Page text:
Time-Based Blind SQL Injection using Heavy Query
Using heavy queries instead of time delays
For different reasons, it might happen that it is impossible to use time delay functions or procedures in order to achieve a classic time delay injection. In these situations, the best option is to simulate it with a heavy query that will take noticeable time to get executed by the database engine. This article shows how it can be done and it presents an example for the main DBMS.
The injected query should not rely on user tables since in most cases the attacker will have no information about those yet. Queries presented in the following section rely on system tables. The execution time is essentially caused by the large number of lines returned.
Keep in mind that the time to execute each query presented in this article can tremendously vary depending on the number of rows contained or returned by the table (or view). This number can be influenced by many factors like: the permissions of your user, the size of the database, the server performance, etc. You should begin with a query joining 2 tables and slowly increment until you can generate an acceptable delay.
MySQL or SQL Server
Chances are low that you have to use the heavy query approach in MySQL or SQL Server since these DBMS make it relatively easy to inject classic code delays in a vulnerable field. However, it could still happen if, for example, some function or characters are blacklisted. Here is an example of heavy query that would work fine on SQL Server and on MySQL (version 5 or more).
Heavy MySQL query.
SELECT count(*) FROM information_schema.columns A, information_schema.columns B, information_schema.columns C
In my test environment, the query above returns 594823321 and takes about 10 seconds to execute. Let’s now see how it could be used to identify if a vulnerability is present.
1 AND 1>(SELECT count(*) FROM information_schema.columns A, information_schema.columns B, information_schema.columns C)
SELECT * FROM products WHERE id=1 AND 1>(SELECT count(*) FROM information_schema.columns A, information_schema.columns B, information_schema.columns C)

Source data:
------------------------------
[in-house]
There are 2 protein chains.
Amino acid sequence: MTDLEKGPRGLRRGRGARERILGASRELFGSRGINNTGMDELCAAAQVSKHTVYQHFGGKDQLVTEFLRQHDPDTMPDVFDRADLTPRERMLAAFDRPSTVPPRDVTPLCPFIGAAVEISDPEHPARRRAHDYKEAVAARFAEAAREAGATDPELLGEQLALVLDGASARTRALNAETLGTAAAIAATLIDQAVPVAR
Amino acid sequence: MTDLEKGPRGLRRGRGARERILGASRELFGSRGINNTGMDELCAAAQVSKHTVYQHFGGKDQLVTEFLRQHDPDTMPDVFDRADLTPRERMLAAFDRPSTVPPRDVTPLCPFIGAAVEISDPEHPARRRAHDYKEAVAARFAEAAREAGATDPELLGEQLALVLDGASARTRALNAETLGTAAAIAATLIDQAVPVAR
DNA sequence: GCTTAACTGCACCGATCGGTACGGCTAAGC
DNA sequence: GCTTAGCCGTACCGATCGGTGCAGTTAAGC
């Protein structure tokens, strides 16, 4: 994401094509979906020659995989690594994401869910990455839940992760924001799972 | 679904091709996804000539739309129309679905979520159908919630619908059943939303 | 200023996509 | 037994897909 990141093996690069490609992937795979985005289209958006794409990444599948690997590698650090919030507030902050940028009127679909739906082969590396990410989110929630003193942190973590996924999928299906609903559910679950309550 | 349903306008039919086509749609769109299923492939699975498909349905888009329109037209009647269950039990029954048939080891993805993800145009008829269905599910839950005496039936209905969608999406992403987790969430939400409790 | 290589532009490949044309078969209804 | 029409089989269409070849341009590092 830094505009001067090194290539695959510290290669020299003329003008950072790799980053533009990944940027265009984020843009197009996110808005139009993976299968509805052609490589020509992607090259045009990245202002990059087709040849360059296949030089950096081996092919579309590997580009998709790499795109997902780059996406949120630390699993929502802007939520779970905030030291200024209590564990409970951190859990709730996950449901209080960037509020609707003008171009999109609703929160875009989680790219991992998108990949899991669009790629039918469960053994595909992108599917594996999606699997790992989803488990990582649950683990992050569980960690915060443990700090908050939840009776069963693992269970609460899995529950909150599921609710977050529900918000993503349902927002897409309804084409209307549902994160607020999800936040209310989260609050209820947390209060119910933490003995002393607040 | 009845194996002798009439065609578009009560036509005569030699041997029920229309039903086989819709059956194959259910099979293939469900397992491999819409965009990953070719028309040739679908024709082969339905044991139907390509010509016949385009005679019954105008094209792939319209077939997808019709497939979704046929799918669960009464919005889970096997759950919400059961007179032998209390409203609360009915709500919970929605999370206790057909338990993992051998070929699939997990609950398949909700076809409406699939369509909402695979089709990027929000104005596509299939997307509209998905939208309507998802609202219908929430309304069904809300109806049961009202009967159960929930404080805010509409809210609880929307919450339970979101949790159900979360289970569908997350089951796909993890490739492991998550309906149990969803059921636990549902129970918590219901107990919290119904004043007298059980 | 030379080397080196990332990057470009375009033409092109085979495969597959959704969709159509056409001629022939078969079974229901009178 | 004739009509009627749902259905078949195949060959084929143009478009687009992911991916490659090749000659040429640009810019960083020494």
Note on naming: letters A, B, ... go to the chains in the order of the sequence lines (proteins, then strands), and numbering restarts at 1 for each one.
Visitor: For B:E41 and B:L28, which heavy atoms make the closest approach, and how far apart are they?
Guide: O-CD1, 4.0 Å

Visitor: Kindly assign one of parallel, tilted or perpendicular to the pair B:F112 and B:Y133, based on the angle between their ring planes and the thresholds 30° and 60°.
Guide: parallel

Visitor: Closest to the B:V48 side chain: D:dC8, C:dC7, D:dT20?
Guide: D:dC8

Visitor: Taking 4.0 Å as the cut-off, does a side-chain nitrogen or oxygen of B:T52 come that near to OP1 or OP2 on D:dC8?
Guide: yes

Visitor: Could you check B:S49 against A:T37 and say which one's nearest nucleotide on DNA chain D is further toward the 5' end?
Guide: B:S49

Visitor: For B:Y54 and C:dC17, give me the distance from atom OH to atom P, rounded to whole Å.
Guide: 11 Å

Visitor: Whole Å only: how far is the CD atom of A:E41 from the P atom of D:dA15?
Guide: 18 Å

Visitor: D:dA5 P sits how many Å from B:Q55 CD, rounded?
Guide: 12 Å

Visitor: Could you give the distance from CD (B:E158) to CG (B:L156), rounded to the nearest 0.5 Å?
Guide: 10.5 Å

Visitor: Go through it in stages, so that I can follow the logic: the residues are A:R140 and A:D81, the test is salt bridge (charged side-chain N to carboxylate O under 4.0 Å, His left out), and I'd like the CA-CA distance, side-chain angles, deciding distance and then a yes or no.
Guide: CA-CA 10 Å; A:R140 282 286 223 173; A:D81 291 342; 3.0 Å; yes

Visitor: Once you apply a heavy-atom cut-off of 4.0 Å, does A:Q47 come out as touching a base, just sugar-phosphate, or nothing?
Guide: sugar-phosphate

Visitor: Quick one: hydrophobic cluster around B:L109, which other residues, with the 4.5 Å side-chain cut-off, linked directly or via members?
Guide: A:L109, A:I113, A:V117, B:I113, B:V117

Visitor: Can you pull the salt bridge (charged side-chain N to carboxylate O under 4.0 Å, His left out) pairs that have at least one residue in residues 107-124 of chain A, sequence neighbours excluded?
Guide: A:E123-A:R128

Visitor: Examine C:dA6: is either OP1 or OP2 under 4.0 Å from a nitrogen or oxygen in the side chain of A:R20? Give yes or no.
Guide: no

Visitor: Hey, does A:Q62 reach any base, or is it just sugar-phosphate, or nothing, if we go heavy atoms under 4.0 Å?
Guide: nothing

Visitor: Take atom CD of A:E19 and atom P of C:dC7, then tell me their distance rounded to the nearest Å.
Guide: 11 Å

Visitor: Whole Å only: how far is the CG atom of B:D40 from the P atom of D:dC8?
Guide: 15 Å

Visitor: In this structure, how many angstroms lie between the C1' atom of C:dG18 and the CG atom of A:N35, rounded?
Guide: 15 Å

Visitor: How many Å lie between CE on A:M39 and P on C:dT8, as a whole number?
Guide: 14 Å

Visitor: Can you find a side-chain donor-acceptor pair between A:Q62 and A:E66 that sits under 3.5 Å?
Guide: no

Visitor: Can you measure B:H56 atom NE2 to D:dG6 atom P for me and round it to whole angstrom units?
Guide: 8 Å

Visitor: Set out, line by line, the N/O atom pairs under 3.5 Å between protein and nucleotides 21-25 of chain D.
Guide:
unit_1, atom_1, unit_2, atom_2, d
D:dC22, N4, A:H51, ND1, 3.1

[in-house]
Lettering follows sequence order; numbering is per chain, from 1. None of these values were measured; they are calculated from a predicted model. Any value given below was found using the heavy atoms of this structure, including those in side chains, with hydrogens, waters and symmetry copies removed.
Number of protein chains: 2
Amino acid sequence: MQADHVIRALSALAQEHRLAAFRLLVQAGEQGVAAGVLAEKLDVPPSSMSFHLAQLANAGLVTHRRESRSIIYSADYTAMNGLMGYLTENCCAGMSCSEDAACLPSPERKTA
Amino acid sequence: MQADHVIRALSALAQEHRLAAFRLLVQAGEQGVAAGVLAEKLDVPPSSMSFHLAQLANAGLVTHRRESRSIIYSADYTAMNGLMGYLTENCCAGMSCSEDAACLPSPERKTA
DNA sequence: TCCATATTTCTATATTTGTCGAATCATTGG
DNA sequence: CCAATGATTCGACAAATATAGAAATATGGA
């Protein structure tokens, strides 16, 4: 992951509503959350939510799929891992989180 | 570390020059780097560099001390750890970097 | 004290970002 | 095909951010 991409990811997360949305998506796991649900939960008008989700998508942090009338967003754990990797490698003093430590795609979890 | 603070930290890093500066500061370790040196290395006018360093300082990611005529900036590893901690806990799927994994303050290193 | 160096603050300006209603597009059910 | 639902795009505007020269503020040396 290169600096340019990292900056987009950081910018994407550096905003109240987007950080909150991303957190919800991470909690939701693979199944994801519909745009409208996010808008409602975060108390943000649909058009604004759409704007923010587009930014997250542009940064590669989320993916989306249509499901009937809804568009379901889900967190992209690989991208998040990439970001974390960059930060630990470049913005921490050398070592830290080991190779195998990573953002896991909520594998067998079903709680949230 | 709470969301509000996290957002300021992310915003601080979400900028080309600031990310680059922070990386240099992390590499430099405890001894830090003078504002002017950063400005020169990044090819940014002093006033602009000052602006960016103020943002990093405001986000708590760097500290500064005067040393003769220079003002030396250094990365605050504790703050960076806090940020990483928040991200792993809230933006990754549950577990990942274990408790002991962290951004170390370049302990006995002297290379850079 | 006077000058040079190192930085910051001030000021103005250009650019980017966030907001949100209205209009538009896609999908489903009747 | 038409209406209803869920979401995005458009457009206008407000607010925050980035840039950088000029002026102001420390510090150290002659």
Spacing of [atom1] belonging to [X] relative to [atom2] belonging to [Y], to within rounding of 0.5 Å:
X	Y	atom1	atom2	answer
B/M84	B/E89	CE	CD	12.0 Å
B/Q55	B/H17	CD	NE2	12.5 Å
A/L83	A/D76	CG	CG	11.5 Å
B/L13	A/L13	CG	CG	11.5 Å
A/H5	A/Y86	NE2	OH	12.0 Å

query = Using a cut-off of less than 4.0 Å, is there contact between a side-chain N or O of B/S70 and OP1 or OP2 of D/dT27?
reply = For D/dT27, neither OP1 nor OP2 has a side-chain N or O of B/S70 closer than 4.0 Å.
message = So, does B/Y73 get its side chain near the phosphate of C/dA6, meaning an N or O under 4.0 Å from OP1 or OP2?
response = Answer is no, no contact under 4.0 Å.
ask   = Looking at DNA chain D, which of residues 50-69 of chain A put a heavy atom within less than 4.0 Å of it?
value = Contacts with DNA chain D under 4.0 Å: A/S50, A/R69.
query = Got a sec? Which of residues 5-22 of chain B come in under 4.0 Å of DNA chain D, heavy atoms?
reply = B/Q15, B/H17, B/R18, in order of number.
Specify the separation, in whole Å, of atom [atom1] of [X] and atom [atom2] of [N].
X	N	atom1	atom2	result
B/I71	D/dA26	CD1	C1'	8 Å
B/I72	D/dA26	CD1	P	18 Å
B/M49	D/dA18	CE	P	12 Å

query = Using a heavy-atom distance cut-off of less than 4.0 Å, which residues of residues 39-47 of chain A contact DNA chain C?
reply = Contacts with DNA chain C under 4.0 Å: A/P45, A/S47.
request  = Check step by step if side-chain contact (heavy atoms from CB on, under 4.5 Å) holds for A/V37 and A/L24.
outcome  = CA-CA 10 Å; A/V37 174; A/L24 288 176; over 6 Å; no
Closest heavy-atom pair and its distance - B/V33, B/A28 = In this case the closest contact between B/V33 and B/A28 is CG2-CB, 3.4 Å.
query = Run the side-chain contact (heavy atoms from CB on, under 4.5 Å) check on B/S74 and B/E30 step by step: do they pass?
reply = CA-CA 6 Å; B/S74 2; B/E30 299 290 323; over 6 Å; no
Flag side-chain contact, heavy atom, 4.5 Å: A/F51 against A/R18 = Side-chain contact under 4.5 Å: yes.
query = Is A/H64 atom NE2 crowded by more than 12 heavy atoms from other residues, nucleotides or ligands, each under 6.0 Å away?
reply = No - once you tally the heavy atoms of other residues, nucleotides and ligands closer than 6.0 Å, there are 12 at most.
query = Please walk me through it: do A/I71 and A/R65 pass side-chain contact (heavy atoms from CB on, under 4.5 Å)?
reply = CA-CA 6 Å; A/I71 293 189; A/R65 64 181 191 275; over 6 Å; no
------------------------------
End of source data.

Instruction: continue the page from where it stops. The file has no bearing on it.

If the server response takes more time, a vulnerability is probably present. Otherwise we can conclude the field is safe.
As explained in the article about time-based attacks, in most cases you will need to use heavy queries in order to achieve this kind of SQL injection. Below is an example of query that takes a lot of time to be executed in this DBMS.
Heavy Oracle query.
SELECT count(*) FROM all_users A, all_users B, all_users C
In my Oracle test environment the query above is executed in no time since I have very few users. When I grow the FROM clause to 7 tables it takes about 15 seconds. Let’s now see how it could be integrated in a vulnerable field.
Malicious parameter (time-based injection).
1 AND 1<SELECT count(*) FROM all_users A, all_users B, all_users C
SELECT * FROM products WHERE id=1 AND 1<SELECT count(*) FROM all_users A, all_users B, all_users C
Here again, if the test slows significantly the server response, you can conclude a vulnerability is present in the field.
As mentioned in the article about time-based attacks, the heavy query approach will have noticeable impacts on CPU and server resources usage. Whenever possible, try to inject a time delay that will not be CPU intensive and stick to standards techniques.
You must also be aware that the injected query will most likely be executed only once. The database optimizer will execute it, store its result and use the returned value(s) when testing the WHERE clause against each record. As you can guess, this is must faster than executing the query each time. It should be mentioned however that the query will not be executed if the optimizer detects that the WHERE clause is always false. To avoid any unexpected results you should always try to generate a WHERE clause that will be verified for at least one record.
If you want more information about this technique, you can find an interesting paper written by Chema Alonzo here.